EU makes first payments from huge recovery plan

File photo illustration of various Euro banknotes lying next to various Swiss Franc notes at a bank in Warsaw, July 18, 2011. — Reuters pic
File photo illustration of various Euro banknotes lying next to various Swiss Franc notes at a bank in Warsaw, July 18, 2011. — Reuters pic

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BRUSSELS, Aug 3 — The European Union made the first pay-outs to member states today from its €800-billion (RM4 trillion) post-coronavirus recovery plan.

The first instalments from the pooled “Next Generation EU” fund were €770 million to Belgium, €12.1 million to Luxembourg and €2.2 billion to Portugal, the European Commission said.

These payments are intended to finance essential reforms and investments, laying the groundwork for member states to receive the rest of their allocations. 

The fund was originally announced as a €750-billion plan, but that was calculated on 2018 prices. The commission now estimates that, in 2021 prices, it amounts to €806.9 billion.

All but two member states in the 27-nation EU have submitted spending plans and 16 have been definitively approved, while evaluations are continuing on seven. 

The two countries yet to submit their plans were Bulgaria and the Netherlands. The next deadline for them to do so is mid-2022.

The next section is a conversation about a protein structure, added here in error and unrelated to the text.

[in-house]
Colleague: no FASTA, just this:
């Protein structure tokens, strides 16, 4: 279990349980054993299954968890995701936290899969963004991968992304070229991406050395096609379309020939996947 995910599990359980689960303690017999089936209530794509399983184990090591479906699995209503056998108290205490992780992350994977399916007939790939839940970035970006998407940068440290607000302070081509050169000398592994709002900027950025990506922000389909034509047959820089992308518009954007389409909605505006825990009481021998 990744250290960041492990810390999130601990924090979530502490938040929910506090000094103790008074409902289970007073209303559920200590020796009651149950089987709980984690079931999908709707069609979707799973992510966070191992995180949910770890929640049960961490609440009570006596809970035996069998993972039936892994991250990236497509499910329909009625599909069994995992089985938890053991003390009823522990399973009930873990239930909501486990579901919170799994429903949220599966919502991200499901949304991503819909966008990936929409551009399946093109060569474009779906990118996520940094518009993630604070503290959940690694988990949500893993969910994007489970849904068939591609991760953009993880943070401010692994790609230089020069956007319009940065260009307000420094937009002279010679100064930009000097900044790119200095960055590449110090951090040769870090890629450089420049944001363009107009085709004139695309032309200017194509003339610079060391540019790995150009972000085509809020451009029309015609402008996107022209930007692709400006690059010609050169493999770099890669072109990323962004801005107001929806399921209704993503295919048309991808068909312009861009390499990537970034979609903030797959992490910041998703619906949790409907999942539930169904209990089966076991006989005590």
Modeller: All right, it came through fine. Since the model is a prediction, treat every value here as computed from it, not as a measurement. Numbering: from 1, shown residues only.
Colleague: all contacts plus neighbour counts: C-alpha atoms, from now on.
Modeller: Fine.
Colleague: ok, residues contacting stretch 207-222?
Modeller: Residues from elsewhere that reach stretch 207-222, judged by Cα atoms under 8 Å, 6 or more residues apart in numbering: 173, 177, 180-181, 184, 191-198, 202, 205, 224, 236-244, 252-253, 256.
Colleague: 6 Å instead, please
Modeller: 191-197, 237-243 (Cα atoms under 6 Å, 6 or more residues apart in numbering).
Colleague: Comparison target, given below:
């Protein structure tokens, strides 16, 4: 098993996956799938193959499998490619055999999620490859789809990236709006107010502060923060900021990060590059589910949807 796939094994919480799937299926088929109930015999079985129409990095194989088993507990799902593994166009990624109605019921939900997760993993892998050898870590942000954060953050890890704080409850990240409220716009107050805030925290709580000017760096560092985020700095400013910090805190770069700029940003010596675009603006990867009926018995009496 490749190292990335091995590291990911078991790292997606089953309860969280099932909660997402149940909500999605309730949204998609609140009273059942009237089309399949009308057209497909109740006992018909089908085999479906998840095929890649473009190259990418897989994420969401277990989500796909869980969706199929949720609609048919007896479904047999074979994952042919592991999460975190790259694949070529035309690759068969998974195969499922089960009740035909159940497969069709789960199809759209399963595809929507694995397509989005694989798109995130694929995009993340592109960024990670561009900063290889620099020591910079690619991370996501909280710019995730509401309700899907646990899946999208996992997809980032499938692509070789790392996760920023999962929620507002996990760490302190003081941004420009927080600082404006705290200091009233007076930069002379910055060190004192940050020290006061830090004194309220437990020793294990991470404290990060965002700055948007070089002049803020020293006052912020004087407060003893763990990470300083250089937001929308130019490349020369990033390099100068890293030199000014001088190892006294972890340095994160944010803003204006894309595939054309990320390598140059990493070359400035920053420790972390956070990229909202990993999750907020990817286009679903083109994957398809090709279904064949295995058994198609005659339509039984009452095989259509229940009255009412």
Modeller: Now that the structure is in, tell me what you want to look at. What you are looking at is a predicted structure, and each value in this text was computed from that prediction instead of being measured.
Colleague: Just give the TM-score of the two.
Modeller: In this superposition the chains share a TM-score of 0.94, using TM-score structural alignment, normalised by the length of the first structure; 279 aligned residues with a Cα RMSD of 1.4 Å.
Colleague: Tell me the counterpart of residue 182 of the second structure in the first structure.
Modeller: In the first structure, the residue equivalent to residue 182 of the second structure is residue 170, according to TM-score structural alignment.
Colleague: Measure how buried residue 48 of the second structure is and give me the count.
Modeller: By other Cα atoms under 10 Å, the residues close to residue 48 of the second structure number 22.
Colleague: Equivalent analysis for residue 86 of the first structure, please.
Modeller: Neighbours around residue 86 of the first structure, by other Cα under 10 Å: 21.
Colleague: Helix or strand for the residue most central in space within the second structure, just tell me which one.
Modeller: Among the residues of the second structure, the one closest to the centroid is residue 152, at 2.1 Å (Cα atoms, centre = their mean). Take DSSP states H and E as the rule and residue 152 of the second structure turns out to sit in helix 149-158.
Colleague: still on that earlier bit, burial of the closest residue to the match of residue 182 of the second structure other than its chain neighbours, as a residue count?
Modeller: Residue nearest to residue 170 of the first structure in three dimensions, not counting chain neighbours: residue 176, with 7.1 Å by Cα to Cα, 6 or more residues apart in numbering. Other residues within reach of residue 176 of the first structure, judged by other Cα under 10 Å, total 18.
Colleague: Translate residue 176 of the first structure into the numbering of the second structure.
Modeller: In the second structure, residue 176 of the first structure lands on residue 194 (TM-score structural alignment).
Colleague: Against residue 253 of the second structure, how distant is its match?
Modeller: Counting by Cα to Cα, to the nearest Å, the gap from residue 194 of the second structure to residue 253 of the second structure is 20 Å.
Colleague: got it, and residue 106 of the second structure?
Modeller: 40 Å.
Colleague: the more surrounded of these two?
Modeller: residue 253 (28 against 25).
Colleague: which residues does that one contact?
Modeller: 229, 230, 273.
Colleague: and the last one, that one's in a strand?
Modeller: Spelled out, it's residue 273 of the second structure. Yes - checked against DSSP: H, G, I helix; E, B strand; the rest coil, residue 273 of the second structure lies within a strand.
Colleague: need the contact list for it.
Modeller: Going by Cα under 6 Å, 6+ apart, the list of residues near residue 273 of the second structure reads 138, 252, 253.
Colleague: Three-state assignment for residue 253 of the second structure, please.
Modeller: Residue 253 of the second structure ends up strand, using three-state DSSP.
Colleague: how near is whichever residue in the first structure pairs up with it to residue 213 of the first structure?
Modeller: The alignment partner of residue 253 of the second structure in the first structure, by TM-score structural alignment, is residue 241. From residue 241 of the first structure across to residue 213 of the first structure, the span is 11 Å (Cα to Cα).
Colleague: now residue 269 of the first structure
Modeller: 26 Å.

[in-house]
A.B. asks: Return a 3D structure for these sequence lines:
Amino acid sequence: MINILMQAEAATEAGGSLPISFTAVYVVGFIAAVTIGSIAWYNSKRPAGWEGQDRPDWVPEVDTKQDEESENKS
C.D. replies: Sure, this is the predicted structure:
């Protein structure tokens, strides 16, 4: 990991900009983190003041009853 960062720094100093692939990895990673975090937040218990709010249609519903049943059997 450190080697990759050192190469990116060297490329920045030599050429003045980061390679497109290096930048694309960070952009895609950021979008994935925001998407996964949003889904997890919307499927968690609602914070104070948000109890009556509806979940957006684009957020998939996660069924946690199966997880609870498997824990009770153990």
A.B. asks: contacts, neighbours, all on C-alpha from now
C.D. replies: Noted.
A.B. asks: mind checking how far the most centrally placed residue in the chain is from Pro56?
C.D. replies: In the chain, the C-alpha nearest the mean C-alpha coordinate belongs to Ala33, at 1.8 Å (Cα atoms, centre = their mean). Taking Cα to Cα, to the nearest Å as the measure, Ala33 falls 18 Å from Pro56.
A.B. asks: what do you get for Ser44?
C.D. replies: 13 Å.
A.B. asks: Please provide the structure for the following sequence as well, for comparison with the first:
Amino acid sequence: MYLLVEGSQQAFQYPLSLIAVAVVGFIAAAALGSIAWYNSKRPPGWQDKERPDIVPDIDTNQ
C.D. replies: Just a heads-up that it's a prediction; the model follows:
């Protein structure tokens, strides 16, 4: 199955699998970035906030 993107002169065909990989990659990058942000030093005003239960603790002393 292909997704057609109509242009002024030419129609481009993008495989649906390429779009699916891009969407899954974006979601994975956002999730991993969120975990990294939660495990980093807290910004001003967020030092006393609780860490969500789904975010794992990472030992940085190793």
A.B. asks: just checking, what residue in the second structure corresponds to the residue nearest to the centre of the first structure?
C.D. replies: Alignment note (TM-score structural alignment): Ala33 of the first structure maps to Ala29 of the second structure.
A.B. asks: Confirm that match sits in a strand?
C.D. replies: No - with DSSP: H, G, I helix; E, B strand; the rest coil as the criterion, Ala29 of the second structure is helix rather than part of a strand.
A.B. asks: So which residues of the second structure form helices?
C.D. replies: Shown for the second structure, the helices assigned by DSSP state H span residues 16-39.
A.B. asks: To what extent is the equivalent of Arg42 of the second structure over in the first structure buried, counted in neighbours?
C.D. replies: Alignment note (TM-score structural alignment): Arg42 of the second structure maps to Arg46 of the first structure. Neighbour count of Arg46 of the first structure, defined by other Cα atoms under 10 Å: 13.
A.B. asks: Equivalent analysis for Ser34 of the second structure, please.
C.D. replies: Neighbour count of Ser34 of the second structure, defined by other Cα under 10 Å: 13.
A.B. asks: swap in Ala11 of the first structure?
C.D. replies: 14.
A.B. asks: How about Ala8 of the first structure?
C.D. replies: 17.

Poland and Hungary, whose plans are still being weighed, are at loggerheads with Brussels over their authoritarian governments’ approaches to LGBT rights and the rule of law. 

European Commission spokeswoman Arianna Podesta said the order in which member states receive their first payments would depend on the speed with which national governments can process their agreements.

“For some member states it is a matter of days, for other member states it may take longer,” she remarked.

Belgium is to receive a total of €5.9 billion in grants and Luxembourg €97 million. Portugal’s allocation totals €16.6 billion: €13.9 billion in grants and €2.7 billion in loans.

The huge plan was hammered a year ago out in marathon and often tense talks between member state governments.

All agreed that Europe should step up to help rebuild the economy after the ravages of the Covid-19 pandemic, but the so-called “frugals” of northern Europe were initially reluctant to allow joint EU borrowing. — AFP

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